Date of Award

Spring 1-1-2012

Document Type


Degree Name

Doctor of Philosophy (PhD)


Applied Mathematics

First Advisor

Kamran Mohseni

Second Advisor

Keith Julien

Third Advisor

James Meiss

Fourth Advisor

Thomas Manteuffel

Fifth Advisor

Sedat Biringen


Lagrangian coherent structures (LCS) are recently defined structures used to analyze transport in dynamical systems with general time dependence. LCS techniques have seen increasing use over the past decade, but several factors have limited their application to highly complex and three-dimensional flows. In this dissertation, I study the computation of LCS in the context of fluid dynamics applications. The primary examples used here are axisymmetric simulations of swimming jellyfish, a three-dimensional ocean current simulation, a three-dimensional hurricane simulation, and various test cases and analytically defined flows. All these flows involve complicated dynamics and fluid transport that can be analyzed using LCS to reveal the ow structures and underlying transport behavior.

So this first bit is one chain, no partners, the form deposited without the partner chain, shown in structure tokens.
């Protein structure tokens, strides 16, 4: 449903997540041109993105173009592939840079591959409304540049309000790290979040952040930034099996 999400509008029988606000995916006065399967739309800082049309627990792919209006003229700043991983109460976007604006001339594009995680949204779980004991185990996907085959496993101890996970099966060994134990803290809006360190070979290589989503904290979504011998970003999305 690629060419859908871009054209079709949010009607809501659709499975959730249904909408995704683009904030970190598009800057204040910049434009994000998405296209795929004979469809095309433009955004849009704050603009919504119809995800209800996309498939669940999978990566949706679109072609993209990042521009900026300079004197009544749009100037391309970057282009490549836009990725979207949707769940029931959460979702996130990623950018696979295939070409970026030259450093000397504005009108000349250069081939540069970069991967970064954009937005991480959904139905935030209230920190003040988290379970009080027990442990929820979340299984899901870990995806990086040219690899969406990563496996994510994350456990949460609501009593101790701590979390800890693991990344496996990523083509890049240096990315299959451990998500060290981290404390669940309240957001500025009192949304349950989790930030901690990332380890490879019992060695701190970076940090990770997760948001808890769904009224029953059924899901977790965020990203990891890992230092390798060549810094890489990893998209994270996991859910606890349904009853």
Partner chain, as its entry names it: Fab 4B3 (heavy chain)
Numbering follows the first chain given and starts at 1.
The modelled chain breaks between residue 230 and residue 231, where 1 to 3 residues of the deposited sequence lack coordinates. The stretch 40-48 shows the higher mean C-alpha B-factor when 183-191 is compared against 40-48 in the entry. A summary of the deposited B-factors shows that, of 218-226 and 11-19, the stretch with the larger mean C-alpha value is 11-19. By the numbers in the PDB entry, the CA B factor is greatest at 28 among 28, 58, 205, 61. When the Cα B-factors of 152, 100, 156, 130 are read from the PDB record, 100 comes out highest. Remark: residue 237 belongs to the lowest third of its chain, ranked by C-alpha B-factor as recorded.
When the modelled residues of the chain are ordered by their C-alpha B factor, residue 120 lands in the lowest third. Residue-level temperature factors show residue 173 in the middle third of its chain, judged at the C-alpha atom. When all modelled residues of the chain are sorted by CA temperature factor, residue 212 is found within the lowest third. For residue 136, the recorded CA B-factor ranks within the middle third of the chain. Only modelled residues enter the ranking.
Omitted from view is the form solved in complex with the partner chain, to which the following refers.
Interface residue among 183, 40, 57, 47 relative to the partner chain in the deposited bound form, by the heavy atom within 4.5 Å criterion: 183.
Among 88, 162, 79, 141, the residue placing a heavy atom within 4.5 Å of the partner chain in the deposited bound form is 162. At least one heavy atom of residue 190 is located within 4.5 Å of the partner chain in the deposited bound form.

The main contribution of this dissertation is the development and application of a class of efficient algorithms for computing LCS in a given velocity field. Large computational time has been a major hurdle to the widespread adoption of LCS techniques, especially in three dimensions. The ridge tracking algorithms presented here take advantage of the definition of LCS as codimension-one manifolds by avoiding computations in parts of the domain away from the LCS surfaces. By detecting and tracking LCS through the domain of interest, the computational order is reduced from O (1/δxn) to O (1/δxn-1) in n-dimensional problems. In three dimensions, this algorithm is used to compute the LCS in a warm-core ring in the Gulf of Mexico and a hurricane simulation, revealing a new type of LCS structure in the boundary layers of these geophysical vortices. The transport of these structures is analyzed and found to enhance the potential for diffusive mixing in these ow regions through the generation of small length scales.